Models for Heroes

We modelers often forget about the real world impact of our subject matter. We moan about the incorrect size or shape of a part on a kit, or the unrealistic paint scheme on a finished model or debate we might about rusty tracks. But a lot of our kits and dioramas depict machines of war that could or have caused suffering. Not just by wounding or killing people and animals, but also on a psychological level. Wars are by definition not clean, no matter what.

War is, as you well know, a horrible affair which should be avoided at all costs. But it is unavoidable at times. Because of this nations maintain armed forces to protect their country, inhabitants and others from harm. Soldiers fighting in World War 1 and 2 have come down with what was known as ‘Shell shock‘, which is now more commonly referred to as Post Traumatic Stress Disorder (PTSD). Because of their occupation, service members are far more likely to suffer from PTSD then the general public. But they entered the service knowing that they could be involved in (a series of) traumatic events, but decide to enlist anyway, for whatever reason. The same goes for every policeman, firemen or ambulance crew or any other emergency services member

But PTSD is not a occupational hazard alone; an accident or sexual assault or any other traumatic event can trigger PTSD in someone. The US Department of Veteran Affairs defines the symptoms of PTSD as follows:

  1. Reliving the event (also called re-experiencing symptoms). You may have bad memories or nightmares. You even may feel like you’re going through the event again. This is called a flashback.
  2. Avoiding situations that remind you of the event. You may try to avoid situations or people that trigger memories of the traumatic event. You may even avoid talking or thinking about the event.
  3. Having more negative beliefs and feelings. The way you think about yourself and others may change because of the trauma. You may feel guilt or shame. Or, you may not be interested in activities you used to enjoy. You may feel that the world is dangerous and you can’t trust anyone. You might be numb, or find it hard to feel happy.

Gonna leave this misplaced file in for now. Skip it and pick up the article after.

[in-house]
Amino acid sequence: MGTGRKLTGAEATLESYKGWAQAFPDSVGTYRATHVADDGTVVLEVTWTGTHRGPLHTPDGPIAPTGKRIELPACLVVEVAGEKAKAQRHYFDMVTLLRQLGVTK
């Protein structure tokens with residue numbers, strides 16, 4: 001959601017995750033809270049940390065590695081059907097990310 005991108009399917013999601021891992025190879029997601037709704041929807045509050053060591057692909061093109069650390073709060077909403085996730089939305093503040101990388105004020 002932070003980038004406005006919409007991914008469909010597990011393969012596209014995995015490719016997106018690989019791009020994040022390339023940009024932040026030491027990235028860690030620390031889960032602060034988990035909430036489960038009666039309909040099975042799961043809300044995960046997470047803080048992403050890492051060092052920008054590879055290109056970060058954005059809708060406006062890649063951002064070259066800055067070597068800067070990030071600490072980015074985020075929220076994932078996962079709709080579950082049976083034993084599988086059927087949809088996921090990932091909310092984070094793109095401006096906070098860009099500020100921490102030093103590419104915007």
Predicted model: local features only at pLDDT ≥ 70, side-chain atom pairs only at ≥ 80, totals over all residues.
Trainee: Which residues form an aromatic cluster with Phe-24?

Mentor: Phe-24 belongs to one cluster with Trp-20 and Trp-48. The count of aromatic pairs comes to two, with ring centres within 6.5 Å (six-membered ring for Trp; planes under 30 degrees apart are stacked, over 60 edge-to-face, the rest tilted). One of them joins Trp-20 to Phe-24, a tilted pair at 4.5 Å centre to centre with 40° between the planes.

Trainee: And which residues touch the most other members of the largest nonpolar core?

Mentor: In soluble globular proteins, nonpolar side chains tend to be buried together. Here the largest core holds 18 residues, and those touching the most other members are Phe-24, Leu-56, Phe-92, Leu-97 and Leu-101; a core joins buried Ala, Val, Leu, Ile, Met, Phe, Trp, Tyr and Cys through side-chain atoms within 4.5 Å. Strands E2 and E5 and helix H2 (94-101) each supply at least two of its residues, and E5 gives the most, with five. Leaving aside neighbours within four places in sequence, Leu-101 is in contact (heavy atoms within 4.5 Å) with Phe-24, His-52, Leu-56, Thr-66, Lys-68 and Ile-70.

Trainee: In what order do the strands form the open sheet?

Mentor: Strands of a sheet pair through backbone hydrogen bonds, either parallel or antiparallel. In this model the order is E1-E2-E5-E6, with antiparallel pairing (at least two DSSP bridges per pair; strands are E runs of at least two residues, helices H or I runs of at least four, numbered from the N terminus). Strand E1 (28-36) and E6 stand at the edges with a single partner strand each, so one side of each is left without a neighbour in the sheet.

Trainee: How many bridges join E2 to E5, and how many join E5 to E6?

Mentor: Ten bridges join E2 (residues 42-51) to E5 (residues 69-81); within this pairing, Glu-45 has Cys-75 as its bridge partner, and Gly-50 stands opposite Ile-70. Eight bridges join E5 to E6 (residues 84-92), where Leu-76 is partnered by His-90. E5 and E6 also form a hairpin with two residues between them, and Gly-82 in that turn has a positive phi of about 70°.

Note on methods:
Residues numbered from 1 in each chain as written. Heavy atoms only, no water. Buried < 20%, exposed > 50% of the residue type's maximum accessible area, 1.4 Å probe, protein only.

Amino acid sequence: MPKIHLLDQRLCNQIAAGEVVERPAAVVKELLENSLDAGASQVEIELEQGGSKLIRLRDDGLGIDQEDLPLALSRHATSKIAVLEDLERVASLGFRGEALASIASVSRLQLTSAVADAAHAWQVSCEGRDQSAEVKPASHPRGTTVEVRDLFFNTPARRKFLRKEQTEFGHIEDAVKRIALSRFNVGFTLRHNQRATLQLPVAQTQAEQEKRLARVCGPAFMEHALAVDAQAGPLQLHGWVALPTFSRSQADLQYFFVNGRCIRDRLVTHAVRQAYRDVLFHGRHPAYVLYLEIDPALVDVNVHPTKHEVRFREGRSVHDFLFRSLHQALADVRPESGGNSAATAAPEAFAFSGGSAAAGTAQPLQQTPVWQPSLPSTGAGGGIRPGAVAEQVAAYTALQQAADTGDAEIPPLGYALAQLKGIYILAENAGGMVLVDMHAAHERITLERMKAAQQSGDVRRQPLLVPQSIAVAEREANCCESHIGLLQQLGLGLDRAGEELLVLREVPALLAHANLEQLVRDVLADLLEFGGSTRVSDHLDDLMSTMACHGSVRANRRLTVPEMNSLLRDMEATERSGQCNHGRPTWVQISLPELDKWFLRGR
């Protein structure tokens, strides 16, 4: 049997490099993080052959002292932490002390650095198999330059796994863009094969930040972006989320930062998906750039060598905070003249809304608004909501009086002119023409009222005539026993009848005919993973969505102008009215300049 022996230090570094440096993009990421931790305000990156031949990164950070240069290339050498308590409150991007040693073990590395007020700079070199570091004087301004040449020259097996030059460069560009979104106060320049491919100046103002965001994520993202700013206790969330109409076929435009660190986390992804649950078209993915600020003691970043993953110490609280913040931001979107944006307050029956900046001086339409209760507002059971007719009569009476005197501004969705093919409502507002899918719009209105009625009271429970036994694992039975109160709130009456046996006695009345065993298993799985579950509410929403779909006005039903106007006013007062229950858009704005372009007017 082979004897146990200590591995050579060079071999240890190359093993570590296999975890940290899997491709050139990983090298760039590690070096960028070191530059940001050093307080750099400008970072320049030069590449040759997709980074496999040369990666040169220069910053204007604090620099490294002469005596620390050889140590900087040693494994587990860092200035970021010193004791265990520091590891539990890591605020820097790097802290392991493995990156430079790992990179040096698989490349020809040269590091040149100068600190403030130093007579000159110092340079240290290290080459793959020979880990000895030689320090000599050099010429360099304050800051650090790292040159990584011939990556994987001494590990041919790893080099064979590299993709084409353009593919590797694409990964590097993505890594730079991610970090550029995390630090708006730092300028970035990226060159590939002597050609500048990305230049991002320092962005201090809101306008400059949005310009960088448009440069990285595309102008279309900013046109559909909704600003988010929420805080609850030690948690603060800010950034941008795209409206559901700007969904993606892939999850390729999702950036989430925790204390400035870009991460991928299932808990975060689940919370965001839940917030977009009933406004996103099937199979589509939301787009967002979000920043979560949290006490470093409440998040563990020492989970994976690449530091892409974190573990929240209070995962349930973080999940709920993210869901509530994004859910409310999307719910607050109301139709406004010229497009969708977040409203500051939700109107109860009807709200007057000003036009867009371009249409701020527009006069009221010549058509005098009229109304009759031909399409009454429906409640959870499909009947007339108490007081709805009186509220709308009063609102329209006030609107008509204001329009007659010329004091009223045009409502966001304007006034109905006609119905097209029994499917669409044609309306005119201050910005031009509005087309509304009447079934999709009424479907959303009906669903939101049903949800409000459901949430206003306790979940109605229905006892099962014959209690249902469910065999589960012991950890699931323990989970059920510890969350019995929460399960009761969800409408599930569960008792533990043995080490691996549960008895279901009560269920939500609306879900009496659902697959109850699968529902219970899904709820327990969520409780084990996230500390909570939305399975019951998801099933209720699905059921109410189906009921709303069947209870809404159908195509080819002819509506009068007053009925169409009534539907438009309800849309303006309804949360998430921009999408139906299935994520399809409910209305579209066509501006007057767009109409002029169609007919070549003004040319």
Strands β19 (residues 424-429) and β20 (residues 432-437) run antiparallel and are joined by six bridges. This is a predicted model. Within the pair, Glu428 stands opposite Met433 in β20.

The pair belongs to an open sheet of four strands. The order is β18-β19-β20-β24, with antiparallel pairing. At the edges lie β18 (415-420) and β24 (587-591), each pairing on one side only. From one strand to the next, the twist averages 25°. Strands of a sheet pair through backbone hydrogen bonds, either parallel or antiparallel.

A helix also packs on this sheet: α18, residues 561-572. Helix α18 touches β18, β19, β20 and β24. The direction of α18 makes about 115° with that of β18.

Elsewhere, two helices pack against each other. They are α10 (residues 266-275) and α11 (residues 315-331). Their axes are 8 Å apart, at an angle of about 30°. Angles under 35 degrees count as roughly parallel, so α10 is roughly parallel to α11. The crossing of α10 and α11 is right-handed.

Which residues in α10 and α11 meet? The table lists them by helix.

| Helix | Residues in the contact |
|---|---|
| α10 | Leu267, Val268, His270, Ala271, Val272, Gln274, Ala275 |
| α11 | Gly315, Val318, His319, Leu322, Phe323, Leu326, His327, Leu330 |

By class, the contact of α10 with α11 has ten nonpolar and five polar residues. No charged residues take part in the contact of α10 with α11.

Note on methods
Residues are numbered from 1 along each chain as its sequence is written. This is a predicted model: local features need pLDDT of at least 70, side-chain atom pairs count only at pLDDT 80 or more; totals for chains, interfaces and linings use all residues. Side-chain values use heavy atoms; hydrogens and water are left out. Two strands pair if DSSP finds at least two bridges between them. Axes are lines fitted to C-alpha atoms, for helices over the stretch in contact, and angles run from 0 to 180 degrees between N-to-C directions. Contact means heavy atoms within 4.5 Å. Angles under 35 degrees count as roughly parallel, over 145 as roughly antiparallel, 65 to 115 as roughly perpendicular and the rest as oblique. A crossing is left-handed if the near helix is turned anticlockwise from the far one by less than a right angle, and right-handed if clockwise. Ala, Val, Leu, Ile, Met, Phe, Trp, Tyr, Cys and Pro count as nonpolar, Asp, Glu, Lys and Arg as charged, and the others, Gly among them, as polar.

4. Feeling keyed up (also called hyperarousal). You may be jittery, or always alert and on the lookout for danger. Or, you may have trouble concentrating or sleeping. You might suddenly get angry or irritable, startle easily, or act in unhealthy ways (like smoking, using drugs and alcohol, or driving recklessly.

From personal experience I can tell you: PTSD is not some made-up condition. It is very real, and very difficult to handle it on your own. It can only be treated with help from loved ones and friends and/or with help from professionals. My experience is that building scale models also helps, and studies confirm this. Modelbuilding brings you in a trance-like state, where you are completely focused on the model with little space in your mind to think about other things. Add to that the great and welcoming communities, shows and clubs populated by like-minded people and you have a great hobby to help with your recovery.

This is why charities like Models for Heroes in the UK and Models for Troops in the USA exist. To promote the mental health benefits of model building and providing all the kits and tools required to mental health organisations and charities. And this is why I will support them any way I can. Building kits helped me overcome PTSD, along with my family, friend and professional help.

Please send kit donations, correspondence and Flying Hours to:

Models for Heroes
1 Harrier Road
Newbury
BERKSHIRE
RG20 4AB

 

To donate money for Models for Troops, visit their GoFundMe-page

IMG_20180213_201446

My rather messy workstation

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